Also, while introspection is clearly important, I am skeptical of Freudian or pseudo-Freudian interpretations of causality, which I seem to encounter a lot among some clinician circles. Blaming everything on the environment or on what happened during the first few years of life is also hugely simplistic and we know it is not the whole story. (Also, Freud =/ science. Interviewing a bunch of women in Vienna =/ scientific method.) Sorry if this seems random, I just felt some of that thread went into some kind of hidden desires/unconscious desires kind of stuff (maybe I misread, though).
Environment =/ parents, but parents are part of it.
The whole argument got a bit more personal than that but I am wholeheartedly with your Freud =/science thing. Is it only me that gets nervous when male psychoanalysts start talking about guns and triggers?
Tetyana, the issue for me on that thread was that reasonable dissent resulted in ad hominem insults, circling of "professional" wagons, and the Internet's signature brand of shunning called "I've had emails about this."ReplyDelete
The moderator/owner accused me of violating that space by pointing another member of the public (the person they were talking about) to the thread. I've still not received any apology for that, or even acknowledgement. I'm being told that "professionals" are a special group with certain standards and yet that thread includes some of the worst science literacy and professionalism.
I don't need that forum and have no desire to nose into a group where I'm not "qualified" or wanted. But to call what they're doing "professional" is, well, puzzling.
The use of the term "sacred" on the thread is also comical, since the comments posted by members are so catty and nasty.ReplyDelete
I thought I had looked in on an Attorneys discussion group" for a moment. Sheesh.....ReplyDelete
But seriously, readers who are parents choosing treatments and providers will no doubt be able to evaluate things for themselves. For their child.
Honestly, the attitude of some of those who posted reflects exactly why many parents will shop around looking and hoping against hope for a different diagnosis. I am saying this from my own experience. It was more palatable and understandable to accept my daughter's diagnosis of depression and anxiety - as it seems to be acceptable that these run in families and are often linked to a brain chemical imbalance - than to accept that the dysfunction experienced by my child somehow precipitated this illness in 6 short weeks no less (corresponded directly to cross country season- her first - not a major loss or trauma). Much to my daughter's and families detriment we spent a precious 2 months looking for the underlying cause and treating her for the above mentioned problems to no avail - in fact it was terrifying as she was only getting worse and it was clear to my daughter, my husband and myself that the therapist was looking for one of them to blame me. Fortunately, neither my very ill daughter 13 year old daughter or my husband was willing to do that even with me out of the session. Long story short 2 months later - with the help of an amazing FBT, a dietician who is invested in FBT and the hundreds of visits to the Feast website and our daughter is weight recovered and working back to normal.ReplyDelete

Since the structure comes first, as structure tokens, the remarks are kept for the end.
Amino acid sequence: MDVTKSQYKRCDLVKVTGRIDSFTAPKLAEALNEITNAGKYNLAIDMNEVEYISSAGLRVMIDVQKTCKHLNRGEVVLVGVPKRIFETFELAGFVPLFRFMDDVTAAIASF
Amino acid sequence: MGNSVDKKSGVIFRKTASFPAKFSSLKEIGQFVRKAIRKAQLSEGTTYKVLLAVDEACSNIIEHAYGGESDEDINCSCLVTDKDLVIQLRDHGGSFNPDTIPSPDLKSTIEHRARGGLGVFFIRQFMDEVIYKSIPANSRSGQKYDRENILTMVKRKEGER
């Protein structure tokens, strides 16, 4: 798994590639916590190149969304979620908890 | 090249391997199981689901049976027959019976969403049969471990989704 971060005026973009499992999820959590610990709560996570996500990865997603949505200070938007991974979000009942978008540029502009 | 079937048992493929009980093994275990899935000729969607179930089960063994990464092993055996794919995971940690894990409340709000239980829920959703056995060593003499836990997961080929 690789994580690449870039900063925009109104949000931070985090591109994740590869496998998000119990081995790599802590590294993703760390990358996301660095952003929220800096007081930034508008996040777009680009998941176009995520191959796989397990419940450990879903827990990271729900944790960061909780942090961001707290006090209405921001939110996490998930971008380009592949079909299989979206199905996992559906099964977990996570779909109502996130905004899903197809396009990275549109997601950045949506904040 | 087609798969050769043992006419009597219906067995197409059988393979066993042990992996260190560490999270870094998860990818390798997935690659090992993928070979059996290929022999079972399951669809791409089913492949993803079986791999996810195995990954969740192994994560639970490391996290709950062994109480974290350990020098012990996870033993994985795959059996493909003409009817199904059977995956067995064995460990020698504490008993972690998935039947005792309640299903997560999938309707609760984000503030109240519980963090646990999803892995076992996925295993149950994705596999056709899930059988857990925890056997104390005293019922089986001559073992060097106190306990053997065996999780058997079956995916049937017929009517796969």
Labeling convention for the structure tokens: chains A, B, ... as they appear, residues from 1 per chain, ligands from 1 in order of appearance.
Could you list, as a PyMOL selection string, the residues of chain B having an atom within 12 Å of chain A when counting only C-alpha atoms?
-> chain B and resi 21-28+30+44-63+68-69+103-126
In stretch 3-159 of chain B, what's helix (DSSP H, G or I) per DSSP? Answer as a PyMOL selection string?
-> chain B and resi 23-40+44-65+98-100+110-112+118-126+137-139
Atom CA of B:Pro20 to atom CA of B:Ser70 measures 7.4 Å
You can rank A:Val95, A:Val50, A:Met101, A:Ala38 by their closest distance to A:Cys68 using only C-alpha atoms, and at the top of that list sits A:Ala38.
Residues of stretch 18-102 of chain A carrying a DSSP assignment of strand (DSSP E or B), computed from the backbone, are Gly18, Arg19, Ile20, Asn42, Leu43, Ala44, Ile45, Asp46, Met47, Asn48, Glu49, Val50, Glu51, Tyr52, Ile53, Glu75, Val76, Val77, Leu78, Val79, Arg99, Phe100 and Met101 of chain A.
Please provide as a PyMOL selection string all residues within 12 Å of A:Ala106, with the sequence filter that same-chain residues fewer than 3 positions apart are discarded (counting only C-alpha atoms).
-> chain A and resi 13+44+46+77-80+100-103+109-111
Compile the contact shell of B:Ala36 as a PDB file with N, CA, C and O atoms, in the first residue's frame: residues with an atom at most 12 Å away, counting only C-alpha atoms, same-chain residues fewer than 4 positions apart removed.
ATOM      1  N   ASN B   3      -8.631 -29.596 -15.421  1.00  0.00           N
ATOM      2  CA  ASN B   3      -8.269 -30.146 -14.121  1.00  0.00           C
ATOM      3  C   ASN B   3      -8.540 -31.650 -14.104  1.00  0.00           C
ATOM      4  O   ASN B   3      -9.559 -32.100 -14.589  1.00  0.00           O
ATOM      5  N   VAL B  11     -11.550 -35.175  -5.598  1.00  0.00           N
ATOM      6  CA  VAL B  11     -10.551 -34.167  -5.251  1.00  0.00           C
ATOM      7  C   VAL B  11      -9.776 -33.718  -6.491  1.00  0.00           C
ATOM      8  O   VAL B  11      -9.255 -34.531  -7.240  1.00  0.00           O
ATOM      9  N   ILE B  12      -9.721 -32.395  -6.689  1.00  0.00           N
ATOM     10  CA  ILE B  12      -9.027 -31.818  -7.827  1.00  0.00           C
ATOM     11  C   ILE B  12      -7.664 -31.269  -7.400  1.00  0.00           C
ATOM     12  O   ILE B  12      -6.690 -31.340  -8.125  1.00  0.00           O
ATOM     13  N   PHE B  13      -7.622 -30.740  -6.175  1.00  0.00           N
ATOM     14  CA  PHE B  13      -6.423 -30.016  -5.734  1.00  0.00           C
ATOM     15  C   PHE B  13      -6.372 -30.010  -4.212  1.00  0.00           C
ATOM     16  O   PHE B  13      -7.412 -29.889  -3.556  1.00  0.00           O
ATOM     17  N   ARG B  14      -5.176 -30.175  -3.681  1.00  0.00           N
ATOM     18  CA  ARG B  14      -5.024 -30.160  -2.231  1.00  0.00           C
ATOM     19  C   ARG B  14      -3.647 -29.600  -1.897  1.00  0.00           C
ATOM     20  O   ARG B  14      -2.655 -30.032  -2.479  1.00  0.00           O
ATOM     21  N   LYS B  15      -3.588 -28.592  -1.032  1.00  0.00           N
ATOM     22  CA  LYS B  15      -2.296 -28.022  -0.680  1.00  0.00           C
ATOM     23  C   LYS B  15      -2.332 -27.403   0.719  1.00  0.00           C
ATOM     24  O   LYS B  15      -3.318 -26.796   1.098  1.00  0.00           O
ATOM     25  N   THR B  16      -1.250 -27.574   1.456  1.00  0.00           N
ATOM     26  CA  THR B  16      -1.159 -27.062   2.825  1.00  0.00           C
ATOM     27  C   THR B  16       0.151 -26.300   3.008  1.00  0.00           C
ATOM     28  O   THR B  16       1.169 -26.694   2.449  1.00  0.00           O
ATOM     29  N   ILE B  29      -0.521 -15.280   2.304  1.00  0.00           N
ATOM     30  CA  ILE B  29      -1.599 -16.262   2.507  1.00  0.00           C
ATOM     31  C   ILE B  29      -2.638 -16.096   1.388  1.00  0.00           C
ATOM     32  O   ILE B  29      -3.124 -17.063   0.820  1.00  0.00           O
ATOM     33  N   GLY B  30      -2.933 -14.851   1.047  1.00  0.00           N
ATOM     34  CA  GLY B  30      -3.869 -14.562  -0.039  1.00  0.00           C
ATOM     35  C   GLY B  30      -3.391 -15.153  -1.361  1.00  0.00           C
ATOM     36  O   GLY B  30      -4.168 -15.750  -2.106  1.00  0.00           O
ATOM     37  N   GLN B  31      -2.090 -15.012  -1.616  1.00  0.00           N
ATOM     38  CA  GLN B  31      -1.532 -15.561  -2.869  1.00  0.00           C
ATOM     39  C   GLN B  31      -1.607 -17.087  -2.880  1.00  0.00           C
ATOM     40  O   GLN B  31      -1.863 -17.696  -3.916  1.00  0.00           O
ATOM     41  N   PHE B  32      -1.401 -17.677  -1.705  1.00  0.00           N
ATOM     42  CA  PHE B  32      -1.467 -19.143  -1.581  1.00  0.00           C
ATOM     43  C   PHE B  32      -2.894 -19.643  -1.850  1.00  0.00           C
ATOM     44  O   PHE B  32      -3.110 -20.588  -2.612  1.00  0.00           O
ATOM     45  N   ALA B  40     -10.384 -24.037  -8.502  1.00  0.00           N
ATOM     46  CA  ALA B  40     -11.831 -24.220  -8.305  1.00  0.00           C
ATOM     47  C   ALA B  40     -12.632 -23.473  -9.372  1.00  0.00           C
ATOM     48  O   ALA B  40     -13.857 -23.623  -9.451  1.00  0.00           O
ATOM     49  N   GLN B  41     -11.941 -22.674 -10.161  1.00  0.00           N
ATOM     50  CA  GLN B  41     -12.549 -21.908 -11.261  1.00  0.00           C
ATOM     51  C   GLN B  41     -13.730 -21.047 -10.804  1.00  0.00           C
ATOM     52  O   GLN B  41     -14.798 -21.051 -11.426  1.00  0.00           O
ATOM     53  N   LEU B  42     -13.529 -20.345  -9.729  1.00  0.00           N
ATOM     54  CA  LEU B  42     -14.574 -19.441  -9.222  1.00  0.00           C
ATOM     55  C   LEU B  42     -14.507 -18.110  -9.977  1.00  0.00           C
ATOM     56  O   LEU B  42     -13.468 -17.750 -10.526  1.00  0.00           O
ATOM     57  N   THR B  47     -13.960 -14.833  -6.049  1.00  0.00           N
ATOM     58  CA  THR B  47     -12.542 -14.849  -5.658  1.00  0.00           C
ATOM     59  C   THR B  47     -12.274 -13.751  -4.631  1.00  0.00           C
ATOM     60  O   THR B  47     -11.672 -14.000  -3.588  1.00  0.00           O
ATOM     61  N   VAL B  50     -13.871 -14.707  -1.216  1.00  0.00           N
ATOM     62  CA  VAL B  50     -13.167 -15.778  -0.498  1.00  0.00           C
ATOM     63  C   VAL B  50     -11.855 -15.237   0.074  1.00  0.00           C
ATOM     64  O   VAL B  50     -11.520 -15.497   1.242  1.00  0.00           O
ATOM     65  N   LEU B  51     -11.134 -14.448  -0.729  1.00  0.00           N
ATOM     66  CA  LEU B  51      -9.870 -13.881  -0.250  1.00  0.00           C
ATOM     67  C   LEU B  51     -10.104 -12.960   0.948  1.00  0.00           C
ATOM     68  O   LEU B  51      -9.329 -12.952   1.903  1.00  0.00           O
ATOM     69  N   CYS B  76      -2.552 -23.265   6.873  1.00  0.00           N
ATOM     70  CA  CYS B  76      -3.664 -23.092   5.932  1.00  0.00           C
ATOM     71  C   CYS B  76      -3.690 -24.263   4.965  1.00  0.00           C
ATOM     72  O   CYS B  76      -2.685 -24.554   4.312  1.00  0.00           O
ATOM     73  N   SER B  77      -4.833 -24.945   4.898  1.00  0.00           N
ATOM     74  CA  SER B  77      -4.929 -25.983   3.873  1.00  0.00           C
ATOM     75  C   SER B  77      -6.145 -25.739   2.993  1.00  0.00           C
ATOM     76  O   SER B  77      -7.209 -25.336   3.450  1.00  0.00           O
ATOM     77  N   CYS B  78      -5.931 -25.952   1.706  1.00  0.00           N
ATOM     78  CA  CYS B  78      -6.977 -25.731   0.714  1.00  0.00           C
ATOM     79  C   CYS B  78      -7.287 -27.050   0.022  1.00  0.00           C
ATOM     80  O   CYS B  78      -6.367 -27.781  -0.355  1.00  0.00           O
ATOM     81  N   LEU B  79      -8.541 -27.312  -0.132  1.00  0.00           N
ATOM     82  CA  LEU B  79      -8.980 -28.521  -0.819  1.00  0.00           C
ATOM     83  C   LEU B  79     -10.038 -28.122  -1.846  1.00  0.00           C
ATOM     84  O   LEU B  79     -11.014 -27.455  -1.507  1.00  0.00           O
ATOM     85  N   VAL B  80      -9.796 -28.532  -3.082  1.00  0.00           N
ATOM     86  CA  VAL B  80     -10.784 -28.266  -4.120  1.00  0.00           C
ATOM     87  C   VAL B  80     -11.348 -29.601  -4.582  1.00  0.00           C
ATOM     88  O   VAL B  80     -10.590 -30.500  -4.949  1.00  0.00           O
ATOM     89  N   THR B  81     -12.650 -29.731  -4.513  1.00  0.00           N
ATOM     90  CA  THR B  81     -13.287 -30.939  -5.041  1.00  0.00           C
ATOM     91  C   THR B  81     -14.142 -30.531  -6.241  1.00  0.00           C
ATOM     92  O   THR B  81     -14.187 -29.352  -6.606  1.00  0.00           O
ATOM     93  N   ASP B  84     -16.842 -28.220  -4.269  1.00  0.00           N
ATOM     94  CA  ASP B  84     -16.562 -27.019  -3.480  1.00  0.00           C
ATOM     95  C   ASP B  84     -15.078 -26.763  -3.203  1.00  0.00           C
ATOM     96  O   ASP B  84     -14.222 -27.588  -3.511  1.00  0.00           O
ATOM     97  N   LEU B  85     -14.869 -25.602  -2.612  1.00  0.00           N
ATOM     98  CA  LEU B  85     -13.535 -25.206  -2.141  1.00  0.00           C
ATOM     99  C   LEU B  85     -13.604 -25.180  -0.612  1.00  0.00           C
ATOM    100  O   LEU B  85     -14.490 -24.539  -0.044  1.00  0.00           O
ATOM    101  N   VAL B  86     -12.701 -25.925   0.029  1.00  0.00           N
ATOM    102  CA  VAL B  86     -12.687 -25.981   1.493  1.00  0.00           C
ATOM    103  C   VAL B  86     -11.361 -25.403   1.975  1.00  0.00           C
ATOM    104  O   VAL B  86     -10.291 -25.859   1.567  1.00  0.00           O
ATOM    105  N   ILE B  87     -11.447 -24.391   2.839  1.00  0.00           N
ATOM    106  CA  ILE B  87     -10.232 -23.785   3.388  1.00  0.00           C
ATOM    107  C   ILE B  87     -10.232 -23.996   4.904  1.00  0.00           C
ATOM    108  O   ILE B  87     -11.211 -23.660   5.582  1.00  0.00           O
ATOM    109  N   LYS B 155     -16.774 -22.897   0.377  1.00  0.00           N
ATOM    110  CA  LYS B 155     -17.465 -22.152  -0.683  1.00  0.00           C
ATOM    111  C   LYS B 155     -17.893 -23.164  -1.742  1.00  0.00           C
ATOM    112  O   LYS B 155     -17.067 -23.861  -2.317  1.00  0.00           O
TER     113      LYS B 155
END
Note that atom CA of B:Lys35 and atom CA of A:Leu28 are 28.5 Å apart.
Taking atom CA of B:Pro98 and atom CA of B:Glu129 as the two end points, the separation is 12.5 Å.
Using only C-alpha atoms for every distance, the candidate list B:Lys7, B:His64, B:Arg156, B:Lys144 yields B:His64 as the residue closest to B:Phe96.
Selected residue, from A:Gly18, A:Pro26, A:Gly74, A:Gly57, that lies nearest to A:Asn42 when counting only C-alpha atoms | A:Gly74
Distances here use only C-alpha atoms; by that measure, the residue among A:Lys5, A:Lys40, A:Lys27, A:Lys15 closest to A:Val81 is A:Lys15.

In addition, I would just like to say that it is obvious that the professionals who were lashing out at Laura and the Feast webite could not have possibly spent any real amount of time on it. What I have noticed from the beginning is that although FBT is highly recommended - in the end it is all about what is helping pave the way for recovery and if it is working then it is the right way for the patient.
Laura, thank you so much for all you are doing. Your efforts have gone such a long way to helping those who are suffering as well as their families.
Laura, you are very brave and we appreciate what you do. Thanks for being the voice and for speaking out when others are not comfortable doing so.ReplyDelete
There appears to be a real need for education about what "evidence" is and the randomized controlled trial among psychotherapists on LinkedIn. I'm glad for the efforts on FEAST to educate our community, also on EdBites, and it seems like it could make sense to broaden that effort!ReplyDelete
Well done !! Jill Cohen LcswReplyDelete
We all need to work on being tolerant of others whose thoughts and opinions are different than our own. I am sadden that certain individuals have harassed you or been rude to you. I also want to encourage you to remind your members of F.E.A.S.T. that they have been insulting and rude to others too. Laura, your response to your members rude and insulting behaviors was "They have a right to be angry!" I hope everyone learns an important lesson here, we are all human beings who deserve respect and have the right to state our opinions and beliefs, even when different from yours. Laura, you are amazing! I may not agree with everything you believe, but I believe in you. Lets all work on tolerance and acceptance!ReplyDelete
I wish that the discussion on the thread could be brought back to the original topic. Early onset. Which was the subject matter of your post Laura on Link'd in, and the ABC News Article. There is very little attention paid to early onset...ReplyDelete